Haiti police kill four after Jovenel Moise assassination

Published : July 08, 2021 18:40 IST

Police stand near a mural featuring Haitian President Jovenel Moise, near the leader's Äôs residence where he was killed by gunmen in the early morning hours in Port-au-Prince on July 7. Photo: AP / PTI

Haiti's police chief says four suspects were killed in a shootout and two are in custody. The UN has warned against any further escalation to the violence.

Police in Haiti announced late Wednesday that four "mercenaries" were killed in a gun battle that followed the assassination of President Jovenel Moise. Three police officers were temporarily taken hostage in the battle that followed the death of the late President, police chief Leon Charles announced during a television broadcast. He added that officers were still searching for further suspects. "We are chasing them so that either in the exchange of fire they will be killed or we will apprehend them."

What we know about the assassination of Jovenel Moise

Moise was shot dead in his home by a "well-coordinated" and "highly trained and heavily armed" commando group, according to the Haitain Embassy in Washington. Moise's wife Martine was flown by helicopter to Miami for treatment.

Magistrate Carl Henry Destin told the Nouvelliste newspaper that Moise's body had been hit twelve times in the head, chest, hips and abdomen by shots fired from large caliber rifles and smaller 9mm pistols. "The president's office and bedroom were ransacked. We found him lying on his back, blue pants, a white shirt smeared with blood, his mouth open, his left eye gouged out," Destin said. He added Moise's daughter Jomarlie was home when the assassination occurred but managed to hide in a bedroom. Two domestic staff members were tied up.

Local media reported Moise's killers were disguised as US Drug Enforcement Administration (DEA) agents, shouting "DEA operation" upon entry. AFP reported the assailants spoke English and Spanish.

International reactions to the assassination

In Washington, US State Department spokesman Ned Price said reports of DEA involvement were "absolutely false". US President Joe Biden condemned the "heinous" act and offered his "sincere wishes for First Lady Moise's recovery," as well as support to Haiti.

Foreign Minister Claude Joseph, who has declared his role as interim prime minister, and US Secretary of State Anthony Blinken both announced they had spoken. Joseph said he promised to engage in dialogue with opposition leaders and maintain peace in an effort to ensure elections are held according to the agreed timetable.

UN Secretary-General Antonio Guterres called on Haitians to "remain united" and "reject all violence." The 15 members of the UN Security Council unanimously called "for the perpetrators of this abhorrent crime to be swiftly brought to justice," urged "all parties to remain calm, exercise restraint" and avoid "any act that could contribute to further instability." An emergency meeting of the Security Council is scheduled for later Thursday. European Union foreign policy chief Josep Borrell warned of a "risk of instability and a spiral of violence."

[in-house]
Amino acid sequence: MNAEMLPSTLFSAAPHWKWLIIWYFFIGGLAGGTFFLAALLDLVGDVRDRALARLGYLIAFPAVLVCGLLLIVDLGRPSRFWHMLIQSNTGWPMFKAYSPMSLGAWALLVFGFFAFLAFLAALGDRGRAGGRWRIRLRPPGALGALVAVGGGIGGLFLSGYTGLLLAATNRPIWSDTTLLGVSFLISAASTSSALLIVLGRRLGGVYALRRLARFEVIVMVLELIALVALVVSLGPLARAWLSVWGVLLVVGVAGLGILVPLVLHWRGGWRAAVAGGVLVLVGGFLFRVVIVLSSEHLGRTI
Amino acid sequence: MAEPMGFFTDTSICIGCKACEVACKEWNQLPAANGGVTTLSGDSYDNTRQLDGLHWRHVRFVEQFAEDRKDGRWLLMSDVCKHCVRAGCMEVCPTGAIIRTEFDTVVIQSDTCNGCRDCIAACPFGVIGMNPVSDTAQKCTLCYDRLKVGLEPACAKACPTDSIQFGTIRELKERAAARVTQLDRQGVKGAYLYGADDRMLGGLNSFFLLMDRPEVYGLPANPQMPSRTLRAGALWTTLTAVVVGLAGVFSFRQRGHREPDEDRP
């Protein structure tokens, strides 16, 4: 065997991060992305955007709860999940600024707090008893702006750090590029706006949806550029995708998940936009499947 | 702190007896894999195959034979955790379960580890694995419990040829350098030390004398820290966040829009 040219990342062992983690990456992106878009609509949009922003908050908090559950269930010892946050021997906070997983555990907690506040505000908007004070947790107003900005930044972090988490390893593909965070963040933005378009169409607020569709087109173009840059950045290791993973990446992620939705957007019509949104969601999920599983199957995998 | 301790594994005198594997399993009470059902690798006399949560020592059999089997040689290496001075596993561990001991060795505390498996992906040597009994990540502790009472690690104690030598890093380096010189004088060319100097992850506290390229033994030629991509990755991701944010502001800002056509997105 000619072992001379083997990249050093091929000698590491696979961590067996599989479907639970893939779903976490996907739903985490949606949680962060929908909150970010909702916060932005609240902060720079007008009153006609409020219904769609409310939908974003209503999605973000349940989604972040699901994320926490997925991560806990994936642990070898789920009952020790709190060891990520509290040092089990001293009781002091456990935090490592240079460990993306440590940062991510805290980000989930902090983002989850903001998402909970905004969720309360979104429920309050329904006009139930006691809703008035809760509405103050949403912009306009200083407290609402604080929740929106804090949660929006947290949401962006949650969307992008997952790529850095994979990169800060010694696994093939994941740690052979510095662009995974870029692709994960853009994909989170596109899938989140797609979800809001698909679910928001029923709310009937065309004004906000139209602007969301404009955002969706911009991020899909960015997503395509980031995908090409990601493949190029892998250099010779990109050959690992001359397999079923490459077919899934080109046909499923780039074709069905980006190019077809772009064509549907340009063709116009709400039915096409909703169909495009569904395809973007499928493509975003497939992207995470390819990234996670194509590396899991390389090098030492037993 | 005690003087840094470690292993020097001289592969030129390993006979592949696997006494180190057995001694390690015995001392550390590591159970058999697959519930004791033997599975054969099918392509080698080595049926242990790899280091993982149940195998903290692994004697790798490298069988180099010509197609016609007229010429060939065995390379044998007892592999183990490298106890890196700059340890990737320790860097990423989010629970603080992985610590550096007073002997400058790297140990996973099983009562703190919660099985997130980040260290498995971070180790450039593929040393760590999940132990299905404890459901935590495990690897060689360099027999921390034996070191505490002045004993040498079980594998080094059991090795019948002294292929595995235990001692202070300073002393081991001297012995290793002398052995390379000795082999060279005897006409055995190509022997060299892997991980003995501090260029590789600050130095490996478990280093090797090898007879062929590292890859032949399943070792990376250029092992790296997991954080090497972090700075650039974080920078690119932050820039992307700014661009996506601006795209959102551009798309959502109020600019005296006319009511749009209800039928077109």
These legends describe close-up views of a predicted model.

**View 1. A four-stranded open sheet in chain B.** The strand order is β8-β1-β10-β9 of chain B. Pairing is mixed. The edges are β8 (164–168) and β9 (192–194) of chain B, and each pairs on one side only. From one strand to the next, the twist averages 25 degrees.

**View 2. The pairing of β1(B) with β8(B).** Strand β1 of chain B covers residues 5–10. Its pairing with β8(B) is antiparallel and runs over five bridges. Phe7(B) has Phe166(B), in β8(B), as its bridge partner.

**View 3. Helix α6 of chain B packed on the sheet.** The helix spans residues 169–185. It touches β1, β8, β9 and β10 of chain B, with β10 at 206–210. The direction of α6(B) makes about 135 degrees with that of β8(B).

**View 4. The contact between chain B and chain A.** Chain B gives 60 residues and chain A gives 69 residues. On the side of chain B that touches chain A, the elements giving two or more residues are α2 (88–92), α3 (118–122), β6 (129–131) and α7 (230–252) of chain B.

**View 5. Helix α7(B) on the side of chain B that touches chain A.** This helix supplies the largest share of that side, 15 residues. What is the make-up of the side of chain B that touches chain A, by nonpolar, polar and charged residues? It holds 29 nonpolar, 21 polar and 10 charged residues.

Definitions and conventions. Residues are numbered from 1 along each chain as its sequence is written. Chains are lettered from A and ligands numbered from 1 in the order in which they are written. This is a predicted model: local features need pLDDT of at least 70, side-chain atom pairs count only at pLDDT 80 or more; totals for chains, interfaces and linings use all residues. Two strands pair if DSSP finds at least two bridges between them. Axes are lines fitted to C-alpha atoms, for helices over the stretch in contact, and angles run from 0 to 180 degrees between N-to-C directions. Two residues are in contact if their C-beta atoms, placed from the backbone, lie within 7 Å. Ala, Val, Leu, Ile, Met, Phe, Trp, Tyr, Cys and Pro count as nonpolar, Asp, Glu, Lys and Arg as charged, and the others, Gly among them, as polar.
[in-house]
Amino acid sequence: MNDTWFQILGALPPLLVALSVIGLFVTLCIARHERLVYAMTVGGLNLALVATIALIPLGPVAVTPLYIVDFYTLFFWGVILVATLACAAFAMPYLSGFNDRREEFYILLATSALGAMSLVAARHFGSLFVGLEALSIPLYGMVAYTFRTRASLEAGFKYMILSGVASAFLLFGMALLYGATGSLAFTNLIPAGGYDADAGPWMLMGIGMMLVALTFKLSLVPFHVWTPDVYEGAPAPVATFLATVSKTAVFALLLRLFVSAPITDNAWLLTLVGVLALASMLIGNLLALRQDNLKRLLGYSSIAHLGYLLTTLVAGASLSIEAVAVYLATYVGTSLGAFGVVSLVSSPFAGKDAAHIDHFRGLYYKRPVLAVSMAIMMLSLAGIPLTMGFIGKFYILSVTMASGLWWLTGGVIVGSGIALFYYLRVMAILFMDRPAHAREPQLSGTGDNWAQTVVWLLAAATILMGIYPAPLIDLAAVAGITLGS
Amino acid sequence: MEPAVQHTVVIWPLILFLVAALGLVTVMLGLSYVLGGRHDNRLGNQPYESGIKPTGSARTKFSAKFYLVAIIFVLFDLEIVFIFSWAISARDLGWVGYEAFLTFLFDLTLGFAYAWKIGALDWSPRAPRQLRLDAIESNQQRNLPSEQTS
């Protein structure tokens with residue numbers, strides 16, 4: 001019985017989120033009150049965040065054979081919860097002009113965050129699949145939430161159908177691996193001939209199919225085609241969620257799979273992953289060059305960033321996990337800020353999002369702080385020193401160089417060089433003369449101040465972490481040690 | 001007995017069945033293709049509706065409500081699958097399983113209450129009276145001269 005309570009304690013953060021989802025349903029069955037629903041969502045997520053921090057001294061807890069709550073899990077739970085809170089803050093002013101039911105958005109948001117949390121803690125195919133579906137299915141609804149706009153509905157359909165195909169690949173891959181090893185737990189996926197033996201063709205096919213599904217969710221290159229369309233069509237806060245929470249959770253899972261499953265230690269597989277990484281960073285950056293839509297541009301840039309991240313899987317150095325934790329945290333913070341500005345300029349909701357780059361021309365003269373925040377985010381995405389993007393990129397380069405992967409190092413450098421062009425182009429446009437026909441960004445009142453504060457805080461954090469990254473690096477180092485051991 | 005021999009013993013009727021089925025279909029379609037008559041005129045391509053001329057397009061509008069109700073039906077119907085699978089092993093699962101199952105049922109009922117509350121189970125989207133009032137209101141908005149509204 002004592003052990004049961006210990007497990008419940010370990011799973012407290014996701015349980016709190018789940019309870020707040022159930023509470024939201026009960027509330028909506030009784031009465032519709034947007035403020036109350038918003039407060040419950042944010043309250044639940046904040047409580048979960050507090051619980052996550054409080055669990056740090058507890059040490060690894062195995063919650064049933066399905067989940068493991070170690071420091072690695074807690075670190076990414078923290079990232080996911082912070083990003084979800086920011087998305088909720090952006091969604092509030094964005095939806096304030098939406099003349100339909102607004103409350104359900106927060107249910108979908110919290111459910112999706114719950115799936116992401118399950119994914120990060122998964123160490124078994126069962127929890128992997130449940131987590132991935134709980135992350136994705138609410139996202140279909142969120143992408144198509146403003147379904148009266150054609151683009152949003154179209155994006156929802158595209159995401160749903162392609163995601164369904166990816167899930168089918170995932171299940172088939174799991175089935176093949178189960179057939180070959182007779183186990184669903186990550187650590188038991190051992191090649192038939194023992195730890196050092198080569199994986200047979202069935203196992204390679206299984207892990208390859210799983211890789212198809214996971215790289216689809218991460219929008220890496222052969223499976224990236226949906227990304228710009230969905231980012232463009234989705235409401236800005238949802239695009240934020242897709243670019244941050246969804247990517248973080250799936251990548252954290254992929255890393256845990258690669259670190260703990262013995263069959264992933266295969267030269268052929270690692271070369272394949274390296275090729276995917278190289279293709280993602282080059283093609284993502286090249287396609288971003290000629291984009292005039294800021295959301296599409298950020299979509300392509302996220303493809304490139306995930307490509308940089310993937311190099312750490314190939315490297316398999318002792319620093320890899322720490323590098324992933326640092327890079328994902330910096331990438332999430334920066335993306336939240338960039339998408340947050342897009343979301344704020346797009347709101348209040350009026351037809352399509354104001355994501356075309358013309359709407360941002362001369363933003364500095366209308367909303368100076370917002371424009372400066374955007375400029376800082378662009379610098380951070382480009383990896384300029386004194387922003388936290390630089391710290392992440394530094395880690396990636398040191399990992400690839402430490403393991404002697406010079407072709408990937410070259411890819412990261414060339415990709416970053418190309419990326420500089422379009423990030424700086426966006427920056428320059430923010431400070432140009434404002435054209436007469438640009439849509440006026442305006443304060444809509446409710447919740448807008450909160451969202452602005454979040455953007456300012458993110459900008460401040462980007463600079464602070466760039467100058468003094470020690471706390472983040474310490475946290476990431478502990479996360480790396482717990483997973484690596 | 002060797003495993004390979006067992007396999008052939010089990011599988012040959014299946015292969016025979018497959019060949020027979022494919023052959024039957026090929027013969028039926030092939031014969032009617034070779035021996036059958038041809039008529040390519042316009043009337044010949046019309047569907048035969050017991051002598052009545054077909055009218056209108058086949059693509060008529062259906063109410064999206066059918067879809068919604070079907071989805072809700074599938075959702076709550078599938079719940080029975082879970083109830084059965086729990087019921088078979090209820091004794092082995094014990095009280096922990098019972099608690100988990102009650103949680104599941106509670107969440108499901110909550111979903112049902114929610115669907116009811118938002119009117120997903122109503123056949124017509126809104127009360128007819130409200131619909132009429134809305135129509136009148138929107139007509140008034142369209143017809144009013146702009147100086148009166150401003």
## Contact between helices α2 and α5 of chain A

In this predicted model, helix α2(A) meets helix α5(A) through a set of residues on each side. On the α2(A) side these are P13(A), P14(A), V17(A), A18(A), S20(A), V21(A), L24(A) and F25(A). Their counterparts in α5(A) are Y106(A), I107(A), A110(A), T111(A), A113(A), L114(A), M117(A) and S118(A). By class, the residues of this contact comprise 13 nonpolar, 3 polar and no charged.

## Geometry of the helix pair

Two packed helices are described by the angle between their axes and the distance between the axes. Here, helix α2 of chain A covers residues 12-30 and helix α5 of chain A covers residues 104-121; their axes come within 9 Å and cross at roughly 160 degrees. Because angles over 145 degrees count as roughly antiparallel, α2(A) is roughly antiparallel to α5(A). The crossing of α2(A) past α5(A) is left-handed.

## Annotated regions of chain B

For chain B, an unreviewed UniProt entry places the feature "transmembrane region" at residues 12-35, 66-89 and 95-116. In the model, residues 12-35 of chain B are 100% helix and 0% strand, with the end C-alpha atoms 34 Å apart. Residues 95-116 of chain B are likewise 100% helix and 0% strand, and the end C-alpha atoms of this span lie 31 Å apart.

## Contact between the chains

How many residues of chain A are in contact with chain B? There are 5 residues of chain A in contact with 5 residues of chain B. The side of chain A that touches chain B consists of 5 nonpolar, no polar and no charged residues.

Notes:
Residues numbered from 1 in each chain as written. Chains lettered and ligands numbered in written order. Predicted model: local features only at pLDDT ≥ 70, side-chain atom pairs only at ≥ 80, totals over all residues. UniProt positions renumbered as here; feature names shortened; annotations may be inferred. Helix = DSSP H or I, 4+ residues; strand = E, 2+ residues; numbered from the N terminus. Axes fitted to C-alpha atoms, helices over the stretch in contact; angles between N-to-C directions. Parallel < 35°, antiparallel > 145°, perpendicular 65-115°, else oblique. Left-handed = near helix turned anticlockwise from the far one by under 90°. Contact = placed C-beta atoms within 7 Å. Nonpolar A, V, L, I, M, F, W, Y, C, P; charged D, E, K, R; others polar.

What is the current political situation following the assassination?

Interim Prime Minister Joseph declared a two-week state of siege. In comments on television late Wednesday, he said "everything is under control." Haiti's constitution states Moise should be replaced by the Chief Justice of the Supreme Court, but he died of COVID-19 in recent days.

On July 5, Moise had appointed Ariel Henry, 71, a French-trained neurosurgeon, as his seventh prime minister during his four years in office. While Henry is close to opposition figures, his appointment was unwanted by many in the opposition. Henry could not be confirmed due to a lack of quorum in parliament.

In an interview with Radio Zenith, he denied a rift with Joseph. "I only disagree with the fact that people have taken hasty decisions ... when the moment demands a little more serenity and maturity," he said. On September 26, Haiti is scheduled to have presidential and parliamentary elections. Moise had also pushed for a constitutional referendum granting the executive branch more authority.

Who was Jovenel Moise?

Before becoming president, Moise was a successful businessman who came onto the political scene campaigning as a populist, before he was sworn into office in February 2017. The end date of his tenure in office fueled tensions in the country stemming from a disagreement as to when his term began.

The 2015 election, which he won, was cancelled for fraud but he was re-elected in 2016. As a result, he said his term ran until February 2022 and not February 2021 as others claimed. Moise was not the first head of Haiti to be assassinated while in office. The country's first ruler following independence brought about by a slave revolt, Jean-Jacques Dessalines, was murdered in 1806.

 

ar/rt (AFP, AP, dpa, Reuters)

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